Finding Relief through Idaho Cares

What are the resources for Idaho businesses to survive the pandemic downturn?

Published online: May 01, 2020 Articles, East Idaho Business
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IDAHO FALLS -- Coronavirus, COVID-19, SARS-CoV-2.  No matter what we call it or how hard it’s hit our particular community, the impacts on both individual Idaho businesses are universal.  

For many, the assistance provided under the Coronavirus Aid, Relief, and Economic Security (CARES) Act will be key to financial survival.  However, the particulars of this 374-page document are not readily clear, and our phones ring with constant questions about how this Act is relevant for businesses in Southeastern Idaho.

The CARES ACT was signed into law by President Trump on March 27, 2020 and provides more than $2 trillion of economic relief for American workers, families, and small businesses by providing direct and fast relief to individuals and families, preserving jobs by assisting with payroll and Social Security tax, and by providing small businesses with resources to maintain payroll, hire back employees who may have been laid off, and cover overhead.

Preserving Jobs for the American Industry

In an effort to preserve jobs, the CARES ACT provides for a three-prong approach: 1) an employee retention credit that will pay up to 50% of employee wages up to $10,000 for the businesses who have been impacted by COVID-19,  2) deferment of the employer’s share of Social Security tax (that will still be required to be paid over next two years), and 3) payroll support for air carriers and contractors.  Of these, the most applicable for businesses in Southeastern Idaho will be the employee retention credit and payroll tax deferral.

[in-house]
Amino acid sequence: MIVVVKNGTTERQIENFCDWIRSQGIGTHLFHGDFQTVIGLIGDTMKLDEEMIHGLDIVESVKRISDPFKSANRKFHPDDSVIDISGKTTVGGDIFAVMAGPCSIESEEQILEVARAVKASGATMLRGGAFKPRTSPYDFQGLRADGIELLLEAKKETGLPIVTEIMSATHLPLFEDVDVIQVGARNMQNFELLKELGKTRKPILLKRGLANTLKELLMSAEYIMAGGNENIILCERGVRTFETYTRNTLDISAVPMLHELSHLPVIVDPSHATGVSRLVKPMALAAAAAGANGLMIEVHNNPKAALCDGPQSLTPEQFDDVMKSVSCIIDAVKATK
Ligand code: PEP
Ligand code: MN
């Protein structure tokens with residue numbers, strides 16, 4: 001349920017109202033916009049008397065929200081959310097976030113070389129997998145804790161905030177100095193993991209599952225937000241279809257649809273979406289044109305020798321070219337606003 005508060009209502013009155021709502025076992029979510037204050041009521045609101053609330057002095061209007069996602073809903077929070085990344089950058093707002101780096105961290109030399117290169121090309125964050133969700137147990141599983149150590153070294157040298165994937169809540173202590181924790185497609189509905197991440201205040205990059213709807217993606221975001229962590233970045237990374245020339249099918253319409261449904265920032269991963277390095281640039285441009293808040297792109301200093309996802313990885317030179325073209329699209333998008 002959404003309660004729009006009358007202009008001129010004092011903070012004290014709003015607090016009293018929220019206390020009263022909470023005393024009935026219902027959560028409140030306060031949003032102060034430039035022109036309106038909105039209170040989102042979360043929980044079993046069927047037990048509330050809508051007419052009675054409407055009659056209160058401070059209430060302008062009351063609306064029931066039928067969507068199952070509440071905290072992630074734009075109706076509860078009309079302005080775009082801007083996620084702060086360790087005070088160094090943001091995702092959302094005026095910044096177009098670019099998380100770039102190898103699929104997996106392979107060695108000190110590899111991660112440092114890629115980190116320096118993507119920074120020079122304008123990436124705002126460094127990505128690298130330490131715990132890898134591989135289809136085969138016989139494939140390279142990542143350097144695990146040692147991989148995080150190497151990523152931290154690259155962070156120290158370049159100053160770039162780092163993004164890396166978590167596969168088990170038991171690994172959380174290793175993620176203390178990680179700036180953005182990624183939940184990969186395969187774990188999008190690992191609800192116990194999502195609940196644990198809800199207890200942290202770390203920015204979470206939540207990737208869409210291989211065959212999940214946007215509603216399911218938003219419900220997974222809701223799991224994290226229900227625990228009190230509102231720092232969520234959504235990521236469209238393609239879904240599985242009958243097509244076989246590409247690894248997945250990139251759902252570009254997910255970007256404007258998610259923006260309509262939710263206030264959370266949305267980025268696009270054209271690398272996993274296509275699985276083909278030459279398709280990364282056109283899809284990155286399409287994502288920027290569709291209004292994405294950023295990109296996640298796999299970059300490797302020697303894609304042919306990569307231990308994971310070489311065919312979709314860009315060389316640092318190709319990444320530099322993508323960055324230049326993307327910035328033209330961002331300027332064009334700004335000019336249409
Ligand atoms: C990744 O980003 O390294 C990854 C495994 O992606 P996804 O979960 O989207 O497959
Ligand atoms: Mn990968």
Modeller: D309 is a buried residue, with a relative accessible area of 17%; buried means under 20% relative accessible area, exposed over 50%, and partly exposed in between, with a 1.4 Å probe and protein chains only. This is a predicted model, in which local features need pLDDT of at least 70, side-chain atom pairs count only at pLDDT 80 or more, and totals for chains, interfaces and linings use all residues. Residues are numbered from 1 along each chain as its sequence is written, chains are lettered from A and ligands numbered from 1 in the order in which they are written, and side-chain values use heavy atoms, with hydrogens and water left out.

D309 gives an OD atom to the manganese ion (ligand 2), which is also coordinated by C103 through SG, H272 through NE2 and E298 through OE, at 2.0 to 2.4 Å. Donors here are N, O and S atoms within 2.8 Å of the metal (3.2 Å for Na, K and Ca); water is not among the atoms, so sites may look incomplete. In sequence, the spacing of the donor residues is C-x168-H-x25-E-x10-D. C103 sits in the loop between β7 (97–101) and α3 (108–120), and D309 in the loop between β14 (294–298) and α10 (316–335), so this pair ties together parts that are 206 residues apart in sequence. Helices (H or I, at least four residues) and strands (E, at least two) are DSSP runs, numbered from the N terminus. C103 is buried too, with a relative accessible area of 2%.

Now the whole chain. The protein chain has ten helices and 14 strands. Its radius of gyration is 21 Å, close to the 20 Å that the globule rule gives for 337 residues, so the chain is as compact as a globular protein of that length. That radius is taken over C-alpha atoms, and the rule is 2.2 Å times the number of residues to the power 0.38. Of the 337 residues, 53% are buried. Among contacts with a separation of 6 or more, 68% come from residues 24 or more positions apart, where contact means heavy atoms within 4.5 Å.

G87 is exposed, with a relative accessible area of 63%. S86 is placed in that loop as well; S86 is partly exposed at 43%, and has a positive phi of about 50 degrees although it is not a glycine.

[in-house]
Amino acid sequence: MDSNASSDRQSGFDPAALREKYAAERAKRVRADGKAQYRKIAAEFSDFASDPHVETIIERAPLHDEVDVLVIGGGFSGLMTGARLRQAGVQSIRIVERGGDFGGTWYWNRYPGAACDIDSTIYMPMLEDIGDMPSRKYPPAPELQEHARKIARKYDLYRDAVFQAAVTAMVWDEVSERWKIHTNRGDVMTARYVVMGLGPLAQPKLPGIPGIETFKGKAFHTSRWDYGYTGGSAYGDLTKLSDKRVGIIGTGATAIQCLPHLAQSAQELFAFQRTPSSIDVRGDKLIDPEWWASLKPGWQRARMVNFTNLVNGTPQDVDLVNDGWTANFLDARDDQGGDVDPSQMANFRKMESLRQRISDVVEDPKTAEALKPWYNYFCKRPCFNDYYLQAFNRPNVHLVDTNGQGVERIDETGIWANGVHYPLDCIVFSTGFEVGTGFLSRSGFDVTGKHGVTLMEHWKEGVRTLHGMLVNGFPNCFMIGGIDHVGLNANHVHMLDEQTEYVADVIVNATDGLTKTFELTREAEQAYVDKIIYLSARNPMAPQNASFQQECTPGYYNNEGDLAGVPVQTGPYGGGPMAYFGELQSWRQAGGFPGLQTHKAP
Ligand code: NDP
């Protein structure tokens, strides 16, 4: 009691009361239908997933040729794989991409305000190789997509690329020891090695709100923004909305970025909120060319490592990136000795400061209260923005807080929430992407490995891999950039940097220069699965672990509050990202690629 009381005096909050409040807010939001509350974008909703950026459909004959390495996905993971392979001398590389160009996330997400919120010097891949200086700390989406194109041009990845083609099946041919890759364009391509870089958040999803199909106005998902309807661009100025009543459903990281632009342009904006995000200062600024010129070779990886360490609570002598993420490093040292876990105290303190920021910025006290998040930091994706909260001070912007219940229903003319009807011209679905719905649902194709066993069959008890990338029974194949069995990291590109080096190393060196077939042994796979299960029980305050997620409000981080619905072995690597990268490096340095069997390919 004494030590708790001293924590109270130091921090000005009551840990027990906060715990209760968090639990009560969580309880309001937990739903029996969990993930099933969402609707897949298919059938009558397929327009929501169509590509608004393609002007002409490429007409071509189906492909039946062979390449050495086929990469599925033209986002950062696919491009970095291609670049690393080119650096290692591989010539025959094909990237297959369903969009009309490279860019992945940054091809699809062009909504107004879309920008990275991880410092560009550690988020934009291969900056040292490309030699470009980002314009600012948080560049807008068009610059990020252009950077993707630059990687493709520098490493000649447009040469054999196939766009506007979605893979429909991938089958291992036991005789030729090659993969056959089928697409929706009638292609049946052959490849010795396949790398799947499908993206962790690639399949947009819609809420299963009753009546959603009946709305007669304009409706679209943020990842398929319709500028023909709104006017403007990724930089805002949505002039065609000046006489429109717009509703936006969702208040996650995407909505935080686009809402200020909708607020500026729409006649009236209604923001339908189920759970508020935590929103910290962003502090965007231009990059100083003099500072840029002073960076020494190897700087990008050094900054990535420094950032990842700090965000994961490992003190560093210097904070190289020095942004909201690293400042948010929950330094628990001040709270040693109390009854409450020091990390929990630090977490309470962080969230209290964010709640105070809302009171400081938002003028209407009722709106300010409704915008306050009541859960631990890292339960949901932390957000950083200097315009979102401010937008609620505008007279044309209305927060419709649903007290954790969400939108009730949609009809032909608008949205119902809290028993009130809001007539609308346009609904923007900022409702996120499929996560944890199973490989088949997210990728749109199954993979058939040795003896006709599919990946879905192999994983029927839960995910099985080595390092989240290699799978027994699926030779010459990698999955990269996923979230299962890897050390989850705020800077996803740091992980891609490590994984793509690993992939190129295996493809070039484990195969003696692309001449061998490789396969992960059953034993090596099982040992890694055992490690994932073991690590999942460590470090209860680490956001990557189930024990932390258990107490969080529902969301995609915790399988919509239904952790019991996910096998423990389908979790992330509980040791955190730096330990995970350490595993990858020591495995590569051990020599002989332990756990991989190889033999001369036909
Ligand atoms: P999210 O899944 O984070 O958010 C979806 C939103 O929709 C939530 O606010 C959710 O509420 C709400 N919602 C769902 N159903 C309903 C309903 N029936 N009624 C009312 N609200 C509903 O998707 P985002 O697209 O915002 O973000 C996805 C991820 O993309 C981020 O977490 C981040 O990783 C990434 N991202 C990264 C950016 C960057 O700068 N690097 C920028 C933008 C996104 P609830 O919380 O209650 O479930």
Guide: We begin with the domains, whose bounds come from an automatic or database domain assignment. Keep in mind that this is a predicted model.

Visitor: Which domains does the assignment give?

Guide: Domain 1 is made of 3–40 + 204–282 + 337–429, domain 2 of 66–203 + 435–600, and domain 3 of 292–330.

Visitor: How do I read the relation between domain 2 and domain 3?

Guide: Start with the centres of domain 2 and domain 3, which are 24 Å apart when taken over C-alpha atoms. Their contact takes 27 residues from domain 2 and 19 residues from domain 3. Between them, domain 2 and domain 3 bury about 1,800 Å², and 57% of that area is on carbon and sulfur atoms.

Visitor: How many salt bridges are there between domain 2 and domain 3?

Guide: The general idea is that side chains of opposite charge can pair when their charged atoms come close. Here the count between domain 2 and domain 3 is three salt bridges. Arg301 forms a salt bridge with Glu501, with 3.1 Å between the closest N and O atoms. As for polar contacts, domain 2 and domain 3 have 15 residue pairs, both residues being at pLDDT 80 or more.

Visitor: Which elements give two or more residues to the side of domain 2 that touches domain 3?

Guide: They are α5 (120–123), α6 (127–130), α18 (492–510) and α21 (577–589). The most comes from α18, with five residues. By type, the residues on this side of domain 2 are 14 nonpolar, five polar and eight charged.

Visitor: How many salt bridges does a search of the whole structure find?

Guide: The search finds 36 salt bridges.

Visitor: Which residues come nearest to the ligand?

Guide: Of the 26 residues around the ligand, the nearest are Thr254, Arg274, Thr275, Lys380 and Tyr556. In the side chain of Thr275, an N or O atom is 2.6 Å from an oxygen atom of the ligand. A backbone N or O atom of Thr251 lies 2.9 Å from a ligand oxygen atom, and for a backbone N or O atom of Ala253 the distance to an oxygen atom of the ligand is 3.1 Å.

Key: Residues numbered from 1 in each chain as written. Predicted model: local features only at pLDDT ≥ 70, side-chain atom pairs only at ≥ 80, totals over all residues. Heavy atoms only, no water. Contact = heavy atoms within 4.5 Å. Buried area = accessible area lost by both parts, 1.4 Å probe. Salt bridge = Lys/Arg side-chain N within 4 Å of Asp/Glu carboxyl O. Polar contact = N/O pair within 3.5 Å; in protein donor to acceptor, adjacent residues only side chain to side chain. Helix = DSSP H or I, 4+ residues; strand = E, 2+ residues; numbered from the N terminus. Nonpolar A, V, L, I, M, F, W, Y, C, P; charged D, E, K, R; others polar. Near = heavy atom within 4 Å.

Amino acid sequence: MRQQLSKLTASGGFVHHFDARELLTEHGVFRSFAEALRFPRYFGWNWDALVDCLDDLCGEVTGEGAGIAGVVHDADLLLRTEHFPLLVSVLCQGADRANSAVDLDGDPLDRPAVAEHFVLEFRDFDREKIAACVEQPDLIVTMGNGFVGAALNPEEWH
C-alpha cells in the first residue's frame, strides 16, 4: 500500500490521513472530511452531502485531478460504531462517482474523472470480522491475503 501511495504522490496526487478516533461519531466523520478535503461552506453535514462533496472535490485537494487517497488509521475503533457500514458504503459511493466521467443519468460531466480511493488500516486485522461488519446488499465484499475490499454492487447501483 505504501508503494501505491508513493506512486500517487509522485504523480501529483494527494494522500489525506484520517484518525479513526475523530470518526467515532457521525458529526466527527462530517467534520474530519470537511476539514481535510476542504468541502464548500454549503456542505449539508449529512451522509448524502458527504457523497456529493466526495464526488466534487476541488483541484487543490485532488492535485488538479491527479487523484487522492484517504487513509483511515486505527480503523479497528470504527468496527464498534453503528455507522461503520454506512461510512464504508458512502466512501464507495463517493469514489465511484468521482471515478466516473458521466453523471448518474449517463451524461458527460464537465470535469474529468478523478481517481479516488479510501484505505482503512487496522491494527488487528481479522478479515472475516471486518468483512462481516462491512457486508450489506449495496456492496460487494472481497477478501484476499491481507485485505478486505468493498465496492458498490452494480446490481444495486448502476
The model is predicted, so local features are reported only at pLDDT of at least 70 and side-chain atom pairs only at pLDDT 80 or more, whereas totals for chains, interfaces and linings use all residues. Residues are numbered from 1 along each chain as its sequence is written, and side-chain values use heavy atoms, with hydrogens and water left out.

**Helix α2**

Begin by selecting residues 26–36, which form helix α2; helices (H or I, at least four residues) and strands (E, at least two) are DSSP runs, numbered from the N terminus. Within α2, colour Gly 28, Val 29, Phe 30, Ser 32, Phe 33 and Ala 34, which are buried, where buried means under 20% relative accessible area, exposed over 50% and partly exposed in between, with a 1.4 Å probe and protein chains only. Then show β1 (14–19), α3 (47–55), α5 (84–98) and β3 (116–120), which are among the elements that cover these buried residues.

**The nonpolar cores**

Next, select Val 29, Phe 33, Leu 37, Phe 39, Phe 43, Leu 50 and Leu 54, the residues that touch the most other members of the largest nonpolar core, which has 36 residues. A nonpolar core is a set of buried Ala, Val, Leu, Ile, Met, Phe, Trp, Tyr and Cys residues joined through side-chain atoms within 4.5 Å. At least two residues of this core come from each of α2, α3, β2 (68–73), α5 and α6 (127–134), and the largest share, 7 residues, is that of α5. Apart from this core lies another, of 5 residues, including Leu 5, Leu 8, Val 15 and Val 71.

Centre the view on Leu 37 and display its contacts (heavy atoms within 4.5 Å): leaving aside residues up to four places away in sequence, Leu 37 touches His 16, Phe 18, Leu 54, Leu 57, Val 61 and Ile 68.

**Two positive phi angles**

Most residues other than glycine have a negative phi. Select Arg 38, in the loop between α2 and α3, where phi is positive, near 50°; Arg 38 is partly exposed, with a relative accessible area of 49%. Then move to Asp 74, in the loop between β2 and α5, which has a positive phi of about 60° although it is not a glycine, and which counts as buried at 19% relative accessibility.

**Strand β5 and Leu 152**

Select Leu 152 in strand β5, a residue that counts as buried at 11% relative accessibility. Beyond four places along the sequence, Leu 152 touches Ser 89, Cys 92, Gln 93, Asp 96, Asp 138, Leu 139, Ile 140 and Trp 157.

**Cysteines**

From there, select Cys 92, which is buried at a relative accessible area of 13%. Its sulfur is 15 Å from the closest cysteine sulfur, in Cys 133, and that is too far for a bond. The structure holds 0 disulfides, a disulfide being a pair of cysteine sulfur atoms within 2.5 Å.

Loan Assistance for Small Businesses

Small businesses, defined as those with 500 or fewer employees, (including non-profits), are eligible to apply for assistance apart from April 3 through June 30, 2020.  However, there is a funding cap of $349 billion.  Congress may expand the program to deal with the demand. The benefit of these loans are: 1) some of the loan amounts will be forgiven (8 weeks following the loan as long as it is used to cover payroll, mortgage, interest, or utility costs, and employee and compensation levels are maintained, and 2) the terms will be the same for all businesses and there is NO SBA requirement that some or all of the loan funds come from other sources, 3) 1% fixed interest rate with 6 month payment deferral with no prepayment penalties, and 4) no collateral or personal guarantees required. Additionally, there are economic injury disaster loans that do NOT require repayment that are also available to businesses that are currently experiencing a temporary loss of revenue.

Bankruptcy Provisions

For those in more serious financial distress Congress also has decided to provide relief through the bankruptcy process.  Those with debts up to $7.5 million, either an individual or business, can file a new kind of bankruptcy known as a subchapter V chapter 11 that is both much faster and cheaper.  A debtor can restructure debts, reducing their out-of-pocket expenses. That is done through a plan of reorganization.  The business owners can maintain their ownership.  An individual can even use this new subchapter to remove debts from their personal home related to business activities.  Farm operations also have powerful tools under both chapter 11 and chapter 12 bankruptcies to improve their financial viability. 

Whatever the size of your business, acting proactively can flatten the harmful economic impact of this pandemic.

Mr. Cornelison is part of the team at Maynes Taggart PLLC, an Idaho Falls law firm that specializes in creditor/debtor issues including bankruptcy.  More information can be found at www.maynestaggart.com.

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